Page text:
And finally, the most exciting travel scenario for our backseat adventures, were our vacation trips back east to either Binghamton New York or Cape Cod Massachusetts. Either of these was a daylong trip usually begun at five-thirty in the morning to get as much driving done as possible before the hot August sun was a factor in a non-air conditioned car.

Because of the before dawn start time, the car would be configured for the trip the night before. The backseat and “wayback” seat were put down flat and we would put two thin cot mattresses to cover the entire back area of the station wagon behind the front seat. Suitcases were squeezed into corners or somehow underneath the seats, leaving a large flat cushioned area which would then be festooned with pillows and blankets for my brother and I to initially sleep in and later play in during the long day’s trip. This of course was before the days of seat belts and I shudder to think what would have happened in this configuration if we had gotten in a crash.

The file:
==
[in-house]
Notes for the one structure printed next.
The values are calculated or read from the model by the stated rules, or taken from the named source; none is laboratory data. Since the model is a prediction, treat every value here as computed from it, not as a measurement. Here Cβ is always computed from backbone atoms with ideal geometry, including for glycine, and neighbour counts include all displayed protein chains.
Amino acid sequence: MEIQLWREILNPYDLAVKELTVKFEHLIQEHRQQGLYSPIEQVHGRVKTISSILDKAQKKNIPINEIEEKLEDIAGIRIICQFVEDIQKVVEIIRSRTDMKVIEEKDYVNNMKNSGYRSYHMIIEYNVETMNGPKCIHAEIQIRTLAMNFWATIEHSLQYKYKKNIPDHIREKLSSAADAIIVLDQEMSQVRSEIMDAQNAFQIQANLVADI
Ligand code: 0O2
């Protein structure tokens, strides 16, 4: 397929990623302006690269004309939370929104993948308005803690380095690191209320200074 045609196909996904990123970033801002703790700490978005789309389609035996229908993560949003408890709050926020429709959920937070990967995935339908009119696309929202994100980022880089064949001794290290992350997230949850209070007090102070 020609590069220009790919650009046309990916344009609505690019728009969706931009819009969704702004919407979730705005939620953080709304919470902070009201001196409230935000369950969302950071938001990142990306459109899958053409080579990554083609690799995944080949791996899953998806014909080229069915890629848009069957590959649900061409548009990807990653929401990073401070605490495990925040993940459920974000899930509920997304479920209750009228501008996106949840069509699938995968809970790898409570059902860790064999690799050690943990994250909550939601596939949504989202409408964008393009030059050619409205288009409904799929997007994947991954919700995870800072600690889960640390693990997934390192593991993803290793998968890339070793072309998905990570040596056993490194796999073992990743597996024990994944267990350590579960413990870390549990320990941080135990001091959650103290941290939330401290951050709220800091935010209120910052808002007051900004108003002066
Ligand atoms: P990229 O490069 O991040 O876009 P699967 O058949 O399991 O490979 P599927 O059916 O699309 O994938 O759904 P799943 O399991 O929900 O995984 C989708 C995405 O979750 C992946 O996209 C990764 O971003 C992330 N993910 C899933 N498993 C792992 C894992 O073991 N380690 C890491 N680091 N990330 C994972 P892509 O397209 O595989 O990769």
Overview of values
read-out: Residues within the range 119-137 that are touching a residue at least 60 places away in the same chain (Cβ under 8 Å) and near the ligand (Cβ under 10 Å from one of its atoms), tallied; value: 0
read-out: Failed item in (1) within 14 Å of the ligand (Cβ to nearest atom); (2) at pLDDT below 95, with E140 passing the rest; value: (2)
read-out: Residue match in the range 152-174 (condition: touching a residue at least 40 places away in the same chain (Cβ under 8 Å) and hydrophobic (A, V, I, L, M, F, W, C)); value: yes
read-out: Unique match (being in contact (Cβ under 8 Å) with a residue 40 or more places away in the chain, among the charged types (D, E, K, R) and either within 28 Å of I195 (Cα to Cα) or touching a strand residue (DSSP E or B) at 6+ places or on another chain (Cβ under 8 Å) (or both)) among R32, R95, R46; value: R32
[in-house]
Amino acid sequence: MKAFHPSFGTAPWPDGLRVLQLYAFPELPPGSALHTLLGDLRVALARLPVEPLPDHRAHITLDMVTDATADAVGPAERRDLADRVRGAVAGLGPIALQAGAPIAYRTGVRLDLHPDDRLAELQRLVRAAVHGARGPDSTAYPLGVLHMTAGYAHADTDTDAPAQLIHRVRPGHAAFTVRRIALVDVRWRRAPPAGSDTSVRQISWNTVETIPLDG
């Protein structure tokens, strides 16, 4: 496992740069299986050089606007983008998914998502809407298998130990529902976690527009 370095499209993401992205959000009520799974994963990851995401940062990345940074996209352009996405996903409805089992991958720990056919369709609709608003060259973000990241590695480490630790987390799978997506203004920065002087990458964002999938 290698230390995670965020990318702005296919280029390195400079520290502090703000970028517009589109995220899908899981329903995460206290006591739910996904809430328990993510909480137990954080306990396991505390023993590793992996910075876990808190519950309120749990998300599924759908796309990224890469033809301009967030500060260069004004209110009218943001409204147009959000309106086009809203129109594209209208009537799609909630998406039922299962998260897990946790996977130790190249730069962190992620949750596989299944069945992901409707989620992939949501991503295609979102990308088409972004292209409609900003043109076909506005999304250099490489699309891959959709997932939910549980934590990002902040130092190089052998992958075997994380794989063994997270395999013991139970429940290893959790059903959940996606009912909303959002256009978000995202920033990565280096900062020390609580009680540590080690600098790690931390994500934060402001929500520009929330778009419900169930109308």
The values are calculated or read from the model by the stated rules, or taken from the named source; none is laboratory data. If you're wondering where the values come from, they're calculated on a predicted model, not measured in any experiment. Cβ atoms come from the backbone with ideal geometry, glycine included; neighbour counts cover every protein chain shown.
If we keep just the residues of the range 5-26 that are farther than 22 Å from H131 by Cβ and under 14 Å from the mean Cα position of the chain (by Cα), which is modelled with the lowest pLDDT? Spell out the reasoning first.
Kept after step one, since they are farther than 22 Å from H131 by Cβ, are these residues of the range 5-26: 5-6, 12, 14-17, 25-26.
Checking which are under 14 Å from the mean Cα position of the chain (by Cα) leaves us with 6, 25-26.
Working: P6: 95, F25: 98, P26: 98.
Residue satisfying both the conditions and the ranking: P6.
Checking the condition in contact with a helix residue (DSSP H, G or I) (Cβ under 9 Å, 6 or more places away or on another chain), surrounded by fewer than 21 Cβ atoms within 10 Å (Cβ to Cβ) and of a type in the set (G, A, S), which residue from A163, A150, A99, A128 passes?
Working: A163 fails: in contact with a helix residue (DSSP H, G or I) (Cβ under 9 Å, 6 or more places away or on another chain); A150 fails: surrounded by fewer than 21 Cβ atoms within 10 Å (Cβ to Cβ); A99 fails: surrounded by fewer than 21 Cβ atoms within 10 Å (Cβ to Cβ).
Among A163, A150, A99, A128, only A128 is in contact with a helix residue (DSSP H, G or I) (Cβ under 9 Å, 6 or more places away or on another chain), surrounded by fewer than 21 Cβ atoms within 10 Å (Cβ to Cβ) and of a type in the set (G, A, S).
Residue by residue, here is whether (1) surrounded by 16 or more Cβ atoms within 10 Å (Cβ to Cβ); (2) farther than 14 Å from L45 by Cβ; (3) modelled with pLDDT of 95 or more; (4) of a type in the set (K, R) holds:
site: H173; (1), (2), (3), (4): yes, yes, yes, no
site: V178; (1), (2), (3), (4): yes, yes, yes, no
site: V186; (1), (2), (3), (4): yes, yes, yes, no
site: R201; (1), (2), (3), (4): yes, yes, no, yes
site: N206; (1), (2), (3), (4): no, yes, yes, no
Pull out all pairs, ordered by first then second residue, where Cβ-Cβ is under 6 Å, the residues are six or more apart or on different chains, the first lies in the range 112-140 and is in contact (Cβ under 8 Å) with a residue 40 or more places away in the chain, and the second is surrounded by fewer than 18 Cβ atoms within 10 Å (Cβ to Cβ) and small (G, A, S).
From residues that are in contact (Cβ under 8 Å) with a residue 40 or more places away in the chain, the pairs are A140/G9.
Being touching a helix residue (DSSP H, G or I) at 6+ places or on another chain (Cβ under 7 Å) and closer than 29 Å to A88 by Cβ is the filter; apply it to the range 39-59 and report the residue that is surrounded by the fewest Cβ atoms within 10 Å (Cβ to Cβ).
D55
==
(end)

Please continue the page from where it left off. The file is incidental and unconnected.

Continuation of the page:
The morning of the trip we would be awoken, bleary-eyed before dawn, and still in our pajama’s, stumble out and into the back of the wagon. My dad usually taking the first shift driving would set out on this grand day’s adventure. My brother and I would nestle ourselves under all the blankets and amongst the pillows and peek out the windows at the scenery going by. I can remember watching mile after mile of telephone wires, with their lazy gravity induced curve from pole to pole as we drove. Eventually we would be awake and play in our cushioned play area in the back, the various games I have described before among others.

2 replies on “Adventures in the Wayback”

  1. Thanks for writing so beautifully about that popular family transportation in the 60’s. There were 7 kids in my family so the memories have a few more altercations thrown in. Overall though it was good to learn about places that weren’t Ann Arbor or a European capitol.

  2. Thanks Michael… I appreciate the kudos. I guess many of us have great recollections about those big 1960s “cruise machines” many of our families had. I try to hang on to that mantra that “Life is an adventure”, or at least should be, at its best.